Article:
1When the uproar had ended, Paul sent for the disciples and, after encouraging them, said goodbye and set out for Macedonia.2He traveled through that area, speaking many words of encouragement to the people, and finally arrived in Greece,3where he stayed three months. Because some Jews had plotted against him just as he was about to sail for Syria, he decided to go back through Macedonia.4He was accompanied by Sopater son of Pyrrhus from Berea, Aristarchus and Secundus from Thessalonica, Gaius from Derbe, Timothy also, and Tychicus and Trophimus from the province of Asia.5These men went on ahead and waited for us at Troas.6But we sailed from Philippi after the Festival of Unleavened Bread, and five days later joined the others at Troas, where we stayed seven days.
7On the first day of the week we came together to break bread. Paul spoke to the people and, because he intended to leave the next day, kept on talking until midnight.8There were many lamps in the upstairs room where we were meeting.9Seated in a window was a young man named Eutychus, who was sinking into a deep sleep as Paul talked on and on. When he was sound asleep, he fell to the ground from the third story and was picked up dead.10Paul went down, threw himself on the young man and put his arms around him. “Don’t be alarmed,” he said. “He’s alive!”11Then he went upstairs again and broke bread and ate. After talking until daylight, he left.12The people took the young man home alive and were greatly comforted.
13We went on ahead to the ship and sailed for Assos, where we were going to take Paul aboard. He had made this arrangement because he was going there on foot.14When he met us at Assos, we took him aboard and went on to Mitylene.15The next day we set sail from there and arrived off Chios. The day after that we crossed over to Samos, and on the following day arrived at Miletus.16Paul had decided to sail past Ephesus to avoid spending time in the province of Asia, for he was in a hurry to reach Jerusalem, if possible, by the day of Pentecost.
1Again the Israelites did evil in the eyes of the LORD, so the LORD delivered them into the hands of the Philistines for forty years.2A certain man of Zorah, named Manoah, from the clan of the Danites, had a wife who was childless, unable to give birth.3The angel of the LORD appeared to her and said, “You are barren and childless, but you are going to become pregnant and give birth to a son.4Now see to it that you drink no wine or other fermented drink and that you do not eat anything unclean.5You will become pregnant and have a son whose head is never to be touched by a razor because the boy is to be a Nazirite, dedicated to God from the womb. He will take the lead in delivering Israel from the hands of the Philistines.”6Then the woman went to her husband and told him, “A man of God came to me. He looked like an angel of God, very awesome. I didn’t ask him where he came from, and he didn’t tell me his name.7But he said to me, ‘You will become pregnant and have a son. Now then, drink no wine or other fermented drink and do not eat anything unclean, because the boy will be a Nazirite of God from the womb until the day of his death.’ ”8Then Manoah prayed to the LORD: “Pardon your servant, Lord. I beg you to let the man of God you sent to us come again to teach us how to bring up the boy who is to be born.”9God heard Manoah, and the angel of God came again to the woman while she was out in the field; but her husband Manoah was not with her.10The woman hurried to tell her husband, “He’s here! The man who appeared to me the other day!”11Manoah got up and followed his wife. When he came to the man, he said, “Are you the man who talked to my wife?” “I am,” he said.12So Manoah asked him, “When your words are fulfilled, what is to be the rule that governs the boy’s life and work?”13The angel of the LORD answered, “Your wife must do all that I have told her.14She must not eat anything that comes from the grapevine, nor drink any wine or other fermented drink nor eat anything unclean. She must do everything I have commanded her.”15Manoah said to the angel of the LORD, “We would like you to stay until we prepare a young goat for you.”16The angel of the LORD replied, “Even though you detain me, I will not eat any of your food. But if you prepare a burnt offering, offer it to the LORD.” (Manoah did not realize that it was the angel of the LORD.)17Then Manoah inquired of the angel of the LORD, “What is your name, so that we may honor you when your word comes true?”18He replied, “Why do you ask my name? It is beyond understanding. ”19Then Manoah took a young goat, together with the grain offering, and sacrificed it on a rock to the LORD. And the LORD did an amazing thing while Manoah and his wife watched:20As the flame blazed up from the altar toward heaven, the angel of the LORD ascended in the flame. Seeing this, Manoah and his wife fell with their faces to the ground.21When the angel of the LORD did not show himself again to Manoah and his wife, Manoah realized that it was the angel of the LORD.22“We are doomed to die!” he said to his wife. “We have seen God!”23But his wife answered, “If the LORD had meant to kill us, he would not have accepted a burnt offering and grain offering from our hands, nor shown us all these things or now told us this.”24The woman gave birth to a boy and named him Samson. He grew and the LORD blessed him,25and the Spirit of the LORD began to stir him while he was in Mahaneh Dan, between Zorah and Eshtaol.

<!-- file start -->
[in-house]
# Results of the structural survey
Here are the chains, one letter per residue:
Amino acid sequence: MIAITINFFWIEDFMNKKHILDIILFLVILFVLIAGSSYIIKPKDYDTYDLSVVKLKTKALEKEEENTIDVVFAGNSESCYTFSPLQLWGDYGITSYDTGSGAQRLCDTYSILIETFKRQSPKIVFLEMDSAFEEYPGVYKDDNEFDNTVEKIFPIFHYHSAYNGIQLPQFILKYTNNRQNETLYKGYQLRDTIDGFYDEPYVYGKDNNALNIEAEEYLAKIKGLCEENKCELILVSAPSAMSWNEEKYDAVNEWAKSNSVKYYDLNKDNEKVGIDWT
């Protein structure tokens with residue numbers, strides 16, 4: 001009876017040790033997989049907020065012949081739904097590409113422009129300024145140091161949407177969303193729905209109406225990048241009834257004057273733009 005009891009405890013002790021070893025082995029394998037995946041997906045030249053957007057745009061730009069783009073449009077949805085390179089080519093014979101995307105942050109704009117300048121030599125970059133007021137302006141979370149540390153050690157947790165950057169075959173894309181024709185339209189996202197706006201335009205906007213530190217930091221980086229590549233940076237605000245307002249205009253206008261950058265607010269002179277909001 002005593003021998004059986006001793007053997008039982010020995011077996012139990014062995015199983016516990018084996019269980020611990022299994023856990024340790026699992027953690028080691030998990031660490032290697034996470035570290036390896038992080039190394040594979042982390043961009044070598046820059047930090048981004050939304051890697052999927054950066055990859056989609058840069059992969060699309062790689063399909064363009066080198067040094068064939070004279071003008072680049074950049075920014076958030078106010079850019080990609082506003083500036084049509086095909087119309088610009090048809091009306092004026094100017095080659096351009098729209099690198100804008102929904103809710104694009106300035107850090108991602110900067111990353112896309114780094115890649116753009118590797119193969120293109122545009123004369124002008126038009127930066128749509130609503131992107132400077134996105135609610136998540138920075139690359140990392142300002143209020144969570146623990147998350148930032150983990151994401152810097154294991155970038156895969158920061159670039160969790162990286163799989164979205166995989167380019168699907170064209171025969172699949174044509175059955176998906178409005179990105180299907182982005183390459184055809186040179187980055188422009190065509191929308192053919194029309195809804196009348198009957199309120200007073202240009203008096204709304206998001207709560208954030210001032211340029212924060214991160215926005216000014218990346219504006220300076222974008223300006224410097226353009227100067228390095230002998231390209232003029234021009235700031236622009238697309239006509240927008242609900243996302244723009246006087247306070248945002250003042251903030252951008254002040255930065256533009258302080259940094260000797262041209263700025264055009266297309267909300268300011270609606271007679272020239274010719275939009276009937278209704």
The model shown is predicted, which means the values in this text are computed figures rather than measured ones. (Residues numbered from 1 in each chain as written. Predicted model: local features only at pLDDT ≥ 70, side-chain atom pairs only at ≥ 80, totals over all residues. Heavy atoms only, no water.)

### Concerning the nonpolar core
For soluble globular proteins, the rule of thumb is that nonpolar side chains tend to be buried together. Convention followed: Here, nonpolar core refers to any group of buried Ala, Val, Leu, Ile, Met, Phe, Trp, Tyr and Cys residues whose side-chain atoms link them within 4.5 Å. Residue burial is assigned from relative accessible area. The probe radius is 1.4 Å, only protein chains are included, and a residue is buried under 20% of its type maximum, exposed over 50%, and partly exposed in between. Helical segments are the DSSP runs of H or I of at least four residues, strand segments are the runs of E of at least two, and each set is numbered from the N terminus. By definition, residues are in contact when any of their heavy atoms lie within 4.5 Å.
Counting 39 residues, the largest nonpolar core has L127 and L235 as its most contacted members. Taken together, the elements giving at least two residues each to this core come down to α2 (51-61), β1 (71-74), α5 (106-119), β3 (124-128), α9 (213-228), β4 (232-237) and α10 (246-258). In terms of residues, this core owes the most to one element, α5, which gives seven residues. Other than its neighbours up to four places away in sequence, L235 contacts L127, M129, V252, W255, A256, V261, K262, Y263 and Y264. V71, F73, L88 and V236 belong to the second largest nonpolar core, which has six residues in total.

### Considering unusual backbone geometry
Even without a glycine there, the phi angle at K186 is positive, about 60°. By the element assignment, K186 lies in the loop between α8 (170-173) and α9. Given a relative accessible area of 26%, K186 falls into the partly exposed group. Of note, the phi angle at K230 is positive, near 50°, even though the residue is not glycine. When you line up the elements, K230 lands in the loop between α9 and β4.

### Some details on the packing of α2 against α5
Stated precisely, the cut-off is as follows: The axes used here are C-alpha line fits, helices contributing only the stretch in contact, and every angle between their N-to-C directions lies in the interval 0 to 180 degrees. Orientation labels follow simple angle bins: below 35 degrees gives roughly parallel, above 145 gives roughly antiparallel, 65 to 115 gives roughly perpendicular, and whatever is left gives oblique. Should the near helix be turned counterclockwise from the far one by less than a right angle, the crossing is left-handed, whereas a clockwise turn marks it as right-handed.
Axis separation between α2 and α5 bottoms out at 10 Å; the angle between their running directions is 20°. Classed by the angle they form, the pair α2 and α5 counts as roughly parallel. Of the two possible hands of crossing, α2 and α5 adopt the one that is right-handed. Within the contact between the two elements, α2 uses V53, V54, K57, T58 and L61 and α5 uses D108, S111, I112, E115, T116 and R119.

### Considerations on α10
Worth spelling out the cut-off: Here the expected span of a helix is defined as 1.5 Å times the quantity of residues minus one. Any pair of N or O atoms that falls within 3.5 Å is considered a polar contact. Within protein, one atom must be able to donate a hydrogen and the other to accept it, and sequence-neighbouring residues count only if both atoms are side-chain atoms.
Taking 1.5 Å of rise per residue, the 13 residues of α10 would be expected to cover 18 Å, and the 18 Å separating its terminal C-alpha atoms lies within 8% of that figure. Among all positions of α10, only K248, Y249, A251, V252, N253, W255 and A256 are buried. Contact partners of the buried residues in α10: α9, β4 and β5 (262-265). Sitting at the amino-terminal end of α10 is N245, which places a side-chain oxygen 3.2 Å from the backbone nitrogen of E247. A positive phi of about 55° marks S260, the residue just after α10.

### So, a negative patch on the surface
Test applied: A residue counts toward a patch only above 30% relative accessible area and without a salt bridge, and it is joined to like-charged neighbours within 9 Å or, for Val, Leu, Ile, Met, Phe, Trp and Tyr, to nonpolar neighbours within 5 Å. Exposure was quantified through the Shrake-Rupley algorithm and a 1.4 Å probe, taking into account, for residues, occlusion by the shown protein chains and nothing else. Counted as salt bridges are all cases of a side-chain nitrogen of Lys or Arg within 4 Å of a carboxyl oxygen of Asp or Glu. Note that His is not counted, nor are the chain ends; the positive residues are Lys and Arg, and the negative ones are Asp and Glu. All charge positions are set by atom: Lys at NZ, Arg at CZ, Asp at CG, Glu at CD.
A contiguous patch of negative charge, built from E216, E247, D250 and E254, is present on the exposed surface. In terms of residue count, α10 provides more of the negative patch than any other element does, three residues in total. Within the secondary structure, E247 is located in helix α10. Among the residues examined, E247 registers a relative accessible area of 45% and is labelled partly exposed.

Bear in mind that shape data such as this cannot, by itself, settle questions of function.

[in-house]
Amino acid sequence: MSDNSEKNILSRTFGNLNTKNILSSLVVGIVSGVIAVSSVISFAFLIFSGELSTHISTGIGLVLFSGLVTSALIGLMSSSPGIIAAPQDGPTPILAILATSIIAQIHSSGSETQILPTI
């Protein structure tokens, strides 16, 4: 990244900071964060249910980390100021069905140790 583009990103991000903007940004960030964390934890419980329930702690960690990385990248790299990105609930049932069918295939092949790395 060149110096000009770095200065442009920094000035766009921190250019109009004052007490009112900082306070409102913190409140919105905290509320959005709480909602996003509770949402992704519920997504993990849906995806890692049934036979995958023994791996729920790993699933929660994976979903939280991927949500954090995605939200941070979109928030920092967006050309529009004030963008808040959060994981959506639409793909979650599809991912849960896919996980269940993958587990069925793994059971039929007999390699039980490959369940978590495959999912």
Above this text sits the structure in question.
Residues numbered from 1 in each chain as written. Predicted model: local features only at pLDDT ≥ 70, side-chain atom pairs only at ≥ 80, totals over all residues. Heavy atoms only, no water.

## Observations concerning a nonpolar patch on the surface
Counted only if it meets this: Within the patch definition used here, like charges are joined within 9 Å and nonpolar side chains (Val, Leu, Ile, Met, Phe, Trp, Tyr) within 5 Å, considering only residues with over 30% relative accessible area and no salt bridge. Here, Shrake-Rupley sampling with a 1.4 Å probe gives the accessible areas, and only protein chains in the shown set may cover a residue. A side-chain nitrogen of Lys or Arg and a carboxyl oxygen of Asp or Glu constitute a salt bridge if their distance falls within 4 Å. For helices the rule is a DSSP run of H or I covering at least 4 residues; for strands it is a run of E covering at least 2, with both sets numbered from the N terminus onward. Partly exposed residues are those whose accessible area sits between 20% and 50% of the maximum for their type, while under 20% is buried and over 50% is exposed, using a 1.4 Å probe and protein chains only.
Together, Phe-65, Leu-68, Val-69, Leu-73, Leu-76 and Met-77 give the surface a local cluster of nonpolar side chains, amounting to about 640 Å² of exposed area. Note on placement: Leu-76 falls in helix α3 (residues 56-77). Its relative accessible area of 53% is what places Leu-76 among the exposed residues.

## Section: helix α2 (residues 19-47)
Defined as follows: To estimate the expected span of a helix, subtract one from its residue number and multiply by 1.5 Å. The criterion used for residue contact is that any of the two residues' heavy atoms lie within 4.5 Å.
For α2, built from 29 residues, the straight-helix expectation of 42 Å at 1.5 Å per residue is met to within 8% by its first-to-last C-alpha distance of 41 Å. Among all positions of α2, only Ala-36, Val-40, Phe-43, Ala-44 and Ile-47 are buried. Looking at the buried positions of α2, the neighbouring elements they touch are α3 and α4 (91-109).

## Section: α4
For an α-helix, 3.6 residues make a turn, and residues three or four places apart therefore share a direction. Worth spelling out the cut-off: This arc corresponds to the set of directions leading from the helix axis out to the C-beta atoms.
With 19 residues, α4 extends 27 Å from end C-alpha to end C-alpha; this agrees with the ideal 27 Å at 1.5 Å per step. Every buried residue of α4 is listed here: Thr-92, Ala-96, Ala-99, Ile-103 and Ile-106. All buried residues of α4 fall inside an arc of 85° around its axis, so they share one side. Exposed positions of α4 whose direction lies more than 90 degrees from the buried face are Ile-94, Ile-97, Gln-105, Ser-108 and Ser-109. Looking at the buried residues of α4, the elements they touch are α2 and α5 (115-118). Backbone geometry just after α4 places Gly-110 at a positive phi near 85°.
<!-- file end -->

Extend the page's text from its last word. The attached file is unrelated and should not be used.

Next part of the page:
1“Can you pull in Leviathan with a fishhook or tie down its tongue with a rope?2Can you put a cord through its nose or pierce its jaw with a hook?3Will it keep begging you for mercy? Will it speak to you with gentle words?4Will it make an agreement with you for you to take it as your slave for life?5Can you make a pet of it like a bird or put it on a leash for the young women in your house?6Will traders barter for it? Will they divide it up among the merchants?7Can you fill its hide with harpoons or its head with fishing spears?8If you lay a hand on it, you will remember the struggle and never do it again!9Any hope of subduing it is false; the mere sight of it is overpowering.10No one is fierce enough to rouse it. Who then is able to stand against me?11Who has a claim against me that I must pay? Everything under heaven belongs to me.12“I will not fail to speak of Leviathan’s limbs, its strength and its graceful form.13Who can strip off its outer coat? Who can penetrate its double coat of armor ?14Who dares open the doors of its mouth, ringed about with fearsome teeth?15Its back has rows of shields tightly sealed together;16each is so close to the next that no air can pass between.17They are joined fast to one another; they cling together and cannot be parted.18Its snorting throws out flashes of light; its eyes are like the rays of dawn.19Flames stream from its mouth; sparks of fire shoot out.20Smoke pours from its nostrils as from a boiling pot over burning reeds.21Its breath sets coals ablaze, and flames dart from its mouth.22Strength resides in its neck; dismay goes before it.23The folds of its flesh are tightly joined; they are firm and immovable.24Its chest is hard as rock, hard as a lower millstone.25When it rises up, the mighty are terrified; they retreat before its thrashing.26The sword that reaches it has no effect, nor does the spear or the dart or the javelin.27Iron it treats like straw and bronze like rotten wood.28Arrows do not make it flee; slingstones are like chaff to it.29A club seems to it but a piece of straw; it laughs at the rattling of the lance.30Its undersides are jagged potsherds, leaving a trail in the mud like a threshing sledge.31It makes the depths churn like a boiling caldron and stirs up the sea like a pot of ointment.32It leaves a glistening wake behind it; one would think the deep had white hair.33Nothing on earth is its equal— a creature without fear.34It looks down on all that are haughty; it is king over all that are proud.”